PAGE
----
Makana, how’d you come up for the ideas for characters like Punk Taco and King Boogar? Also, who came first?
Punk Taco came first. My dad had the name already and I thought it was really funny so I just started to imagine what he would be like. I came up with King Boogar because I thought it would be funny to have a taco and a cheeseburger battle. I wanted him to have a French-fry Mohawk and have the French fries come alive, but we didn’t do that in Volume 1.
Punk Taco has such a positive message of love and acceptance, as well as learning how to process negative emotions. How much of that message comes from you, Adam, and how much comes from Makana?
All of those themes/concepts/messages are how my wife and I try and raise our children, so they are part of who we are. Love, kindness, acceptance and doing the right thing no matter how tough it is are just part of our daily lives as we do our best to raise two kids in this crazy world.
When we created PUNK TACO, I wanted to capture a moment in time with my son. He was between 5-6 and at a very sweet and silly age, but kids are constantly evolving emotionally, so we wanted to let young readers know that it’s ok to have all of these emotions. Makana has so much love in him, so it was a natural inspiration that helped fuel the entire story. I took those emotions and organized them in a way that allowed us to tell a structured story.
Makana, I really like the book’s message of love, and learning to be ok with feeling angry or sad or scared. What would you like people to learn from Punk Taco?
I’d like kids and adults to know that it is ok to be yourself and that we are all awesome and unique. I’d also like people to know that life isn’t always easy and sometimes you have to fight for what is right, like Punk Taco or Captain America.
Adam, we saw Punk Taco reunite a family, power an alien race’s spaceships, crush an intergalactic tyrant and make some killer nachos in our first adventure. What’s in store for Punk Taco and his crew in volume 2?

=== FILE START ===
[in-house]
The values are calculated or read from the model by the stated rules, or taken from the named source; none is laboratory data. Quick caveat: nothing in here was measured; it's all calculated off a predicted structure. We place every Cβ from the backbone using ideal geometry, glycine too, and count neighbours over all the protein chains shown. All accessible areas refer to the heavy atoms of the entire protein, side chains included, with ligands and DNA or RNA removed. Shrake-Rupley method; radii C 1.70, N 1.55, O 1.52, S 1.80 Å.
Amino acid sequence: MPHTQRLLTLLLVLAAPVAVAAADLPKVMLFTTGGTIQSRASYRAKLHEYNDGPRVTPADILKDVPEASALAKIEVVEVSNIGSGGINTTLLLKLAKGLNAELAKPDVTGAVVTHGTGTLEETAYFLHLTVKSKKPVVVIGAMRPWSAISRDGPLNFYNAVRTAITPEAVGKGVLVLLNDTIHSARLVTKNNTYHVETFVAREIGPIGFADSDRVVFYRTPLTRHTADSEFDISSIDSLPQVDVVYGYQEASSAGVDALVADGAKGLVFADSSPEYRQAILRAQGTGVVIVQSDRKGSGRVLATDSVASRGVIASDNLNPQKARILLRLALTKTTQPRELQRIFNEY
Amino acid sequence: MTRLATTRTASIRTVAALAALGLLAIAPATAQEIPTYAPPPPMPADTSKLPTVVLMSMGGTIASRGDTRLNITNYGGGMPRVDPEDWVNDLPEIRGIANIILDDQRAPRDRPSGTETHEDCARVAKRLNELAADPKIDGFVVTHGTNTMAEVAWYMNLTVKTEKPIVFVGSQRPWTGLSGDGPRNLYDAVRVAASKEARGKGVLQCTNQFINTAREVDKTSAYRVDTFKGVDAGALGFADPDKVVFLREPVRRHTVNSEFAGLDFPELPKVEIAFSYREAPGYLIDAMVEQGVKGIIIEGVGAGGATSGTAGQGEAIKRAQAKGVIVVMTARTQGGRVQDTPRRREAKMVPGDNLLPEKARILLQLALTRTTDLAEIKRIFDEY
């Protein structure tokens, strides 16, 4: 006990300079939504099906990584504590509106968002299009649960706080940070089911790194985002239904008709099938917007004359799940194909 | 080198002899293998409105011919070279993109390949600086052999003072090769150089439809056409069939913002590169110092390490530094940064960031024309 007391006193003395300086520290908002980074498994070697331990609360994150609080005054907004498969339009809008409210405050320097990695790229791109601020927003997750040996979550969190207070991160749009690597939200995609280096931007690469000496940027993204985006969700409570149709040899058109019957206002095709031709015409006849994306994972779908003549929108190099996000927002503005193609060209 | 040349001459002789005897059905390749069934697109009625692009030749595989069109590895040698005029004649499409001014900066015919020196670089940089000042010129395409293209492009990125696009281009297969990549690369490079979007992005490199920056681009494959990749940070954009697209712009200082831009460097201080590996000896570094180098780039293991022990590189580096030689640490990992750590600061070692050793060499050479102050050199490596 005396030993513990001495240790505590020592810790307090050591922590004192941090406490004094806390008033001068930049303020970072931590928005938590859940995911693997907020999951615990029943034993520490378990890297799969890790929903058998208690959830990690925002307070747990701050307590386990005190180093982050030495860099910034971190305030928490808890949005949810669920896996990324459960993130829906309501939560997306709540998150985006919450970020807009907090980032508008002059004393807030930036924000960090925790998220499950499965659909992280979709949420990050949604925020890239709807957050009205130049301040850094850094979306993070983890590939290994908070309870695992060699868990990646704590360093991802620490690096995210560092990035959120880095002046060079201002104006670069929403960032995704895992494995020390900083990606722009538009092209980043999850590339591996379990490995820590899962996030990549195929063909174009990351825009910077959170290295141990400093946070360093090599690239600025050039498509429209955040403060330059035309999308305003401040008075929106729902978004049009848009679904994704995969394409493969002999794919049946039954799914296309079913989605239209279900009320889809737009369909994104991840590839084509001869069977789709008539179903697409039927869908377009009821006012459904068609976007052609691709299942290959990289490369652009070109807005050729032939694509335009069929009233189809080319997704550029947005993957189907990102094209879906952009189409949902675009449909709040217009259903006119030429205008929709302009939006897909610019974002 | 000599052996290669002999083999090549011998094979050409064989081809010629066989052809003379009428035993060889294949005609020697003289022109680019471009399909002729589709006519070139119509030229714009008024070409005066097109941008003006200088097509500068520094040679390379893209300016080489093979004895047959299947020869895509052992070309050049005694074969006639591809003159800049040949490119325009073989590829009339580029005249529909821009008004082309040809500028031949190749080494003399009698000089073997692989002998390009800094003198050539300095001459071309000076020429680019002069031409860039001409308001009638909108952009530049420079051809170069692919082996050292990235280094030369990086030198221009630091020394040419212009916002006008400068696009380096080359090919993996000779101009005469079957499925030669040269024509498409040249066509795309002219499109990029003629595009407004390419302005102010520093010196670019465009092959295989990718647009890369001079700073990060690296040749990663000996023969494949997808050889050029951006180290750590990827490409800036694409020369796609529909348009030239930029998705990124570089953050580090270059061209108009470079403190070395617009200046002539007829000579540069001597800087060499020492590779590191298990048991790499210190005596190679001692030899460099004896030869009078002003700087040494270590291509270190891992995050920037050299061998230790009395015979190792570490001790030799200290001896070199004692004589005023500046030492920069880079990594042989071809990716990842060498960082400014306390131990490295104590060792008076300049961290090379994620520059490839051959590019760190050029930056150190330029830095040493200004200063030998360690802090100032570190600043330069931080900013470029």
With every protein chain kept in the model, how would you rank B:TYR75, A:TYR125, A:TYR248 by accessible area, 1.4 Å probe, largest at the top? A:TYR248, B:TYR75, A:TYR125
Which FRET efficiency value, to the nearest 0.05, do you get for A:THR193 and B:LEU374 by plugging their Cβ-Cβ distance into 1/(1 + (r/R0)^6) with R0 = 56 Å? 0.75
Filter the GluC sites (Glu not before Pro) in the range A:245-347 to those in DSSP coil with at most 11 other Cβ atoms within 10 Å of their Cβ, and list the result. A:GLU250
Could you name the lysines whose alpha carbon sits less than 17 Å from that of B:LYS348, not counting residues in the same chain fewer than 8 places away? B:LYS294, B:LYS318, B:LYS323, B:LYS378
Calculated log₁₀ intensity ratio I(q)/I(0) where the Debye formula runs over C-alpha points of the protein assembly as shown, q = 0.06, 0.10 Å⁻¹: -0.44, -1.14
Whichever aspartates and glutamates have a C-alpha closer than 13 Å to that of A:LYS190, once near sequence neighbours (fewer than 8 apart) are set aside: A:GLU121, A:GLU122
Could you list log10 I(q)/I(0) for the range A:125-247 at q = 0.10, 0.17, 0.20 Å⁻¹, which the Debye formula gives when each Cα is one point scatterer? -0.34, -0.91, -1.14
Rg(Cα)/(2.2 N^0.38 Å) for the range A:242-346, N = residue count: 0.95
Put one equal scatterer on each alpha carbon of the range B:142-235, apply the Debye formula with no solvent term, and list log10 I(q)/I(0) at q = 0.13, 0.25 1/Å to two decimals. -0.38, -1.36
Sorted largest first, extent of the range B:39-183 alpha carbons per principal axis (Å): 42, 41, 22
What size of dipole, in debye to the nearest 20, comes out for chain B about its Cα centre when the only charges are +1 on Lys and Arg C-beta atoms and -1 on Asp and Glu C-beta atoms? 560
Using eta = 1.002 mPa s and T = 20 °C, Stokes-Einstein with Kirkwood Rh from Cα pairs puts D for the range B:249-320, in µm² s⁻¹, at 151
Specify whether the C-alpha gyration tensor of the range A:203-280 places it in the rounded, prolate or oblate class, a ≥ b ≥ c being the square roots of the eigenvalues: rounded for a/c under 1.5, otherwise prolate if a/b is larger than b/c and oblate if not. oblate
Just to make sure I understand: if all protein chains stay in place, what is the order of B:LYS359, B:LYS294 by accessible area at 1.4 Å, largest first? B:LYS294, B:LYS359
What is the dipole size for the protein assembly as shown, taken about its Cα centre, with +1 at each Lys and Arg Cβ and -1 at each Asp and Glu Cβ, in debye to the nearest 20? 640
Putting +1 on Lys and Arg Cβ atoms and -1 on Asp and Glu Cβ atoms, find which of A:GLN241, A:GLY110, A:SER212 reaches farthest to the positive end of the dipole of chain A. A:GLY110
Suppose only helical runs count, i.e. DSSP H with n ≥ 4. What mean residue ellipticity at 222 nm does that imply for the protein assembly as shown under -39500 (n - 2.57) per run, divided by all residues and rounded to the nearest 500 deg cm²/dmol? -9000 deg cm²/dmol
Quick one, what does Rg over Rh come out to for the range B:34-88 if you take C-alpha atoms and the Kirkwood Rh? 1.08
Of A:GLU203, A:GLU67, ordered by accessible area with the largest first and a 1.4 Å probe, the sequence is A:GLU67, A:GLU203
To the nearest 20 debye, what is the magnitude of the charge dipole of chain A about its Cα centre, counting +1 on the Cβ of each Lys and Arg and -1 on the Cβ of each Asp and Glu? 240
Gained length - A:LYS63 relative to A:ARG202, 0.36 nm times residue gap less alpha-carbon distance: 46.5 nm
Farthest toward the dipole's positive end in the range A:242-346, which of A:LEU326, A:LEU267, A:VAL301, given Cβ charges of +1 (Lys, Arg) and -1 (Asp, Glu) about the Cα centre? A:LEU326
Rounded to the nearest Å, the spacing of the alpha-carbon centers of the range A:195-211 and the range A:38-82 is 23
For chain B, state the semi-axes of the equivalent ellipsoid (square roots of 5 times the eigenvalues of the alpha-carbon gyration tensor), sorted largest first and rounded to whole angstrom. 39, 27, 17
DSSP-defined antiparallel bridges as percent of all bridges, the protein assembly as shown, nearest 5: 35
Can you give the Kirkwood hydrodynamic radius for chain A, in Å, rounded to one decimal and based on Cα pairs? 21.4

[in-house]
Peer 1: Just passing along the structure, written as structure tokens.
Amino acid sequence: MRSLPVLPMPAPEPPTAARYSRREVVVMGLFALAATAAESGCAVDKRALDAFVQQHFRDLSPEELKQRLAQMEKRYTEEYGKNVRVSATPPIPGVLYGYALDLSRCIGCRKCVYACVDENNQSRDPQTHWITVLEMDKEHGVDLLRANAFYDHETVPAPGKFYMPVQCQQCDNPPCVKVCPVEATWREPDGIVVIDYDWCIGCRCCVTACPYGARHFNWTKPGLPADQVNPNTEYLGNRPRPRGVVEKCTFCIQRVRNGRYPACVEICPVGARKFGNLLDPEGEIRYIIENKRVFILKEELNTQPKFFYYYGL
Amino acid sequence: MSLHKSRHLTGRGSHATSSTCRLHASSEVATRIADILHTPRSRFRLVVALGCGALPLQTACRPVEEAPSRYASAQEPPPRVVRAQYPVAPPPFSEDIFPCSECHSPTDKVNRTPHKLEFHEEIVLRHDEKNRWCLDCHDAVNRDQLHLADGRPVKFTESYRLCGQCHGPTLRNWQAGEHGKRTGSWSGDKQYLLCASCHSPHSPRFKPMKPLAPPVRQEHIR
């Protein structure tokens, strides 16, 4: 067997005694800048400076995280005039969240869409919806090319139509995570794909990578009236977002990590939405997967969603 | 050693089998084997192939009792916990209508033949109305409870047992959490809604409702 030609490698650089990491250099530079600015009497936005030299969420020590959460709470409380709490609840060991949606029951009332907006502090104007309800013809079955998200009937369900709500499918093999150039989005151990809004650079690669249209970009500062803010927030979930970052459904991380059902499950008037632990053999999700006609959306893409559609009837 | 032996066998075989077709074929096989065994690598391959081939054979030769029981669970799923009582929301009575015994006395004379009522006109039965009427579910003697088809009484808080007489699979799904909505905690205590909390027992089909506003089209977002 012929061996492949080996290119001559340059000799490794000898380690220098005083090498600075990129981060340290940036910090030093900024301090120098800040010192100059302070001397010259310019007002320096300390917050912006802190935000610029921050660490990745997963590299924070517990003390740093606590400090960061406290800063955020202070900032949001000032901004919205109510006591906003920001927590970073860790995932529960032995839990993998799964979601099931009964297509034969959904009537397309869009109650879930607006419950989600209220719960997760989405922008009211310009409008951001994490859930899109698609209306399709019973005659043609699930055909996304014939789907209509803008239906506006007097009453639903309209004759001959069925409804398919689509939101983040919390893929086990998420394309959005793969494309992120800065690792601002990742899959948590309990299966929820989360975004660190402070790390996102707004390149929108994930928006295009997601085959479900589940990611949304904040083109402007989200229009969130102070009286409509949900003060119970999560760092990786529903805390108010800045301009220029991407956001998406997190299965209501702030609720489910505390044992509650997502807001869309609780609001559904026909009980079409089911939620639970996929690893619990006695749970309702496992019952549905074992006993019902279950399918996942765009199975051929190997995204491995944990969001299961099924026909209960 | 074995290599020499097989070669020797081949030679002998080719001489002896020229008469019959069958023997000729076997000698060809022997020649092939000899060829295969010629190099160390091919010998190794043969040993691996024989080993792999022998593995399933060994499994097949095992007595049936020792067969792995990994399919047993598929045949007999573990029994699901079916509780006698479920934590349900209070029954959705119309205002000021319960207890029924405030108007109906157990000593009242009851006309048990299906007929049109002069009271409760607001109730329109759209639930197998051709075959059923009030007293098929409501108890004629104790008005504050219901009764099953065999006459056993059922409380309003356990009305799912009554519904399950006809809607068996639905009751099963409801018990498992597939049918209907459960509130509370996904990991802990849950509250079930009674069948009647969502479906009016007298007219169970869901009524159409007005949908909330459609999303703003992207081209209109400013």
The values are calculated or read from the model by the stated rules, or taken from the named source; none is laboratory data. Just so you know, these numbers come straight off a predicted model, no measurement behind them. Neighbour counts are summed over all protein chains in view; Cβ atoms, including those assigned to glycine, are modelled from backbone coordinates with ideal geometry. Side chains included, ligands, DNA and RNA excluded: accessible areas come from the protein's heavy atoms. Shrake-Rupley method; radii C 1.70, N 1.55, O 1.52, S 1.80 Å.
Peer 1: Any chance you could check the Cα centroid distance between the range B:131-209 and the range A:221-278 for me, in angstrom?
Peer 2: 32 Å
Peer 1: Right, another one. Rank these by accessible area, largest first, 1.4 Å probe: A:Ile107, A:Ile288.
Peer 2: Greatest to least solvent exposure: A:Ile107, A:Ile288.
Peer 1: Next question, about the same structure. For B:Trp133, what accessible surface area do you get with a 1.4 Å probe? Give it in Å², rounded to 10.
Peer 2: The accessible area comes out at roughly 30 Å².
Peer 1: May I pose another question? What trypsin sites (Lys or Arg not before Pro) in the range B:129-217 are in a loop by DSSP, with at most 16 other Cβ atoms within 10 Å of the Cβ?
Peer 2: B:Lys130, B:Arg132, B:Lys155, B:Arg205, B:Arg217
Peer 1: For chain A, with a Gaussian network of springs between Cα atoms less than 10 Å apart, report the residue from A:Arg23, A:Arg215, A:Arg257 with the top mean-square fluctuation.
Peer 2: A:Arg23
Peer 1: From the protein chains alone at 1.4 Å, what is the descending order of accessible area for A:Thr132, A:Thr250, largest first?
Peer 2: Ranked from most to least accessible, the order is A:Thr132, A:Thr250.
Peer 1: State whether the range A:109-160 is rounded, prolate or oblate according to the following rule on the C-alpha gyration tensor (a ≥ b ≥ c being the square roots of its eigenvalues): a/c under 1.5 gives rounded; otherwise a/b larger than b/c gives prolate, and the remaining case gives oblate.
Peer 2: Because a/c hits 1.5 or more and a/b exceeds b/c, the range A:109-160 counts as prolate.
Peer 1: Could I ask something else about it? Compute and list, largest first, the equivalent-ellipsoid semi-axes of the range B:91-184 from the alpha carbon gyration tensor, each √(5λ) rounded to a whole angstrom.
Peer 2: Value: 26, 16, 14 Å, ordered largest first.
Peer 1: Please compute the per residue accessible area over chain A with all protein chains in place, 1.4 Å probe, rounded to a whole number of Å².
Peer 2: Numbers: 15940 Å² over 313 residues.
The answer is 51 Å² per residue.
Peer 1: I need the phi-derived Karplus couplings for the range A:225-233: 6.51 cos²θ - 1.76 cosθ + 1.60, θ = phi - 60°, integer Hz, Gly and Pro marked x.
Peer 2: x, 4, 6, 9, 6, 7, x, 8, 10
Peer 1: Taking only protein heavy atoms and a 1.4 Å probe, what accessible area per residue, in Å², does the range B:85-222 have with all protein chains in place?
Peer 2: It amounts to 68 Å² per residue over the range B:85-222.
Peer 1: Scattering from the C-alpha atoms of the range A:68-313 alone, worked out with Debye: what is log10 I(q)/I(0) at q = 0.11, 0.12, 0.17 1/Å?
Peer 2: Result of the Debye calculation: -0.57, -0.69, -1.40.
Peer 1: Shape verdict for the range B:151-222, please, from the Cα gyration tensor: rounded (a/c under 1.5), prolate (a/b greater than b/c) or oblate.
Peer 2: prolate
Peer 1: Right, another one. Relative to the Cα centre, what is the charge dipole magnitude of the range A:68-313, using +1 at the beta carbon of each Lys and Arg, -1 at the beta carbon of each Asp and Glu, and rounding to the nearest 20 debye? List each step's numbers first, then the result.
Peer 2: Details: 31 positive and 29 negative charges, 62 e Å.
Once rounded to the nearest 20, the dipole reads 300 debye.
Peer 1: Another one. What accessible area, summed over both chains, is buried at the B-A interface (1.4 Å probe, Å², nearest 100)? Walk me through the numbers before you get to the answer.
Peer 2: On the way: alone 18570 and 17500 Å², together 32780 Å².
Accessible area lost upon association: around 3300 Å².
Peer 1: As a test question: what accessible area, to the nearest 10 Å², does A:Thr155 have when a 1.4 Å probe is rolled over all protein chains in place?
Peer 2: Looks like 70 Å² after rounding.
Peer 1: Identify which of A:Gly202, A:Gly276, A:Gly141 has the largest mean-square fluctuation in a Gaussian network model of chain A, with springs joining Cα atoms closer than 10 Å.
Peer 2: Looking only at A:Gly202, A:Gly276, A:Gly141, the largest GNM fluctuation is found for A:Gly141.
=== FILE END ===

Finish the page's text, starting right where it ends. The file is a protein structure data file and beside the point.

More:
Punk Taco and his friends are intergalactic superstars, and on top of all that they just saved the galaxy from an evil tyrant. They’re heroes! That will inflate even the most humble taco’s ego. They are feeling pretty confident about themselves now, but at the end of Volume 1 they are pulled through an interdimensional wormhole.
When they come out on the other side they start to realize how small they are in the universe and realize that all living things are connected and important to each other. They are going to go up against a giant so large that it doesn’t even acknowledge their existence at first and they have to find a way to stop it from destroying a planet it only sees as an economic resource, not a living entity that flourishes with life.
Are you working with the same creative team?
Yes. Everyone is back and working hard.
Are you and Makana planning any other collaborations or comic adventures in the future?
Absolutely. Right now we have three volumes of PUNK TACO planned out. After that, we have several other projects with new characters he wants to work on. Makana is constantly creating new characters and stories – as am I – so we hope to pitch some projects to other publishers.
Makana, have you shared this book with your friends or teachers at school?
Yes, I have. It’s my friend Alexios’s favorite book. Today I even handed out PUNK TACO bookmarks to my entire grade. We’ve also donated copies for school charities and our local libraries.
What cool things are we going to see Punk Taco do in volume 2?
He’s going to battle a humongous alien. And we are introducing Meat-Werewolves. It’s a bit scarier than Volume 1 and the most dangerous characters are the ones you least expect. There’s also a really cool mech battle!
And the most important questions: Makana, if you could be anyone in the Punk Taco universe, who would you be and why?
I would want to be Punk Taco because he’s really cool and is a famous musician. He’s also kind and tough at the same time, like a superhero.
Adam, if Punk Taco was in a classic punk or alternative band, which one would he be in, and why?
Probably The Clash or Bad Religion because their music was aggressive but liberal and political and touched on a lot of social issues (equal rights, humanitarianism) and was outspoken against racism, but even when addressing serious issues they seemed to provide hope and inspiration, not negativity.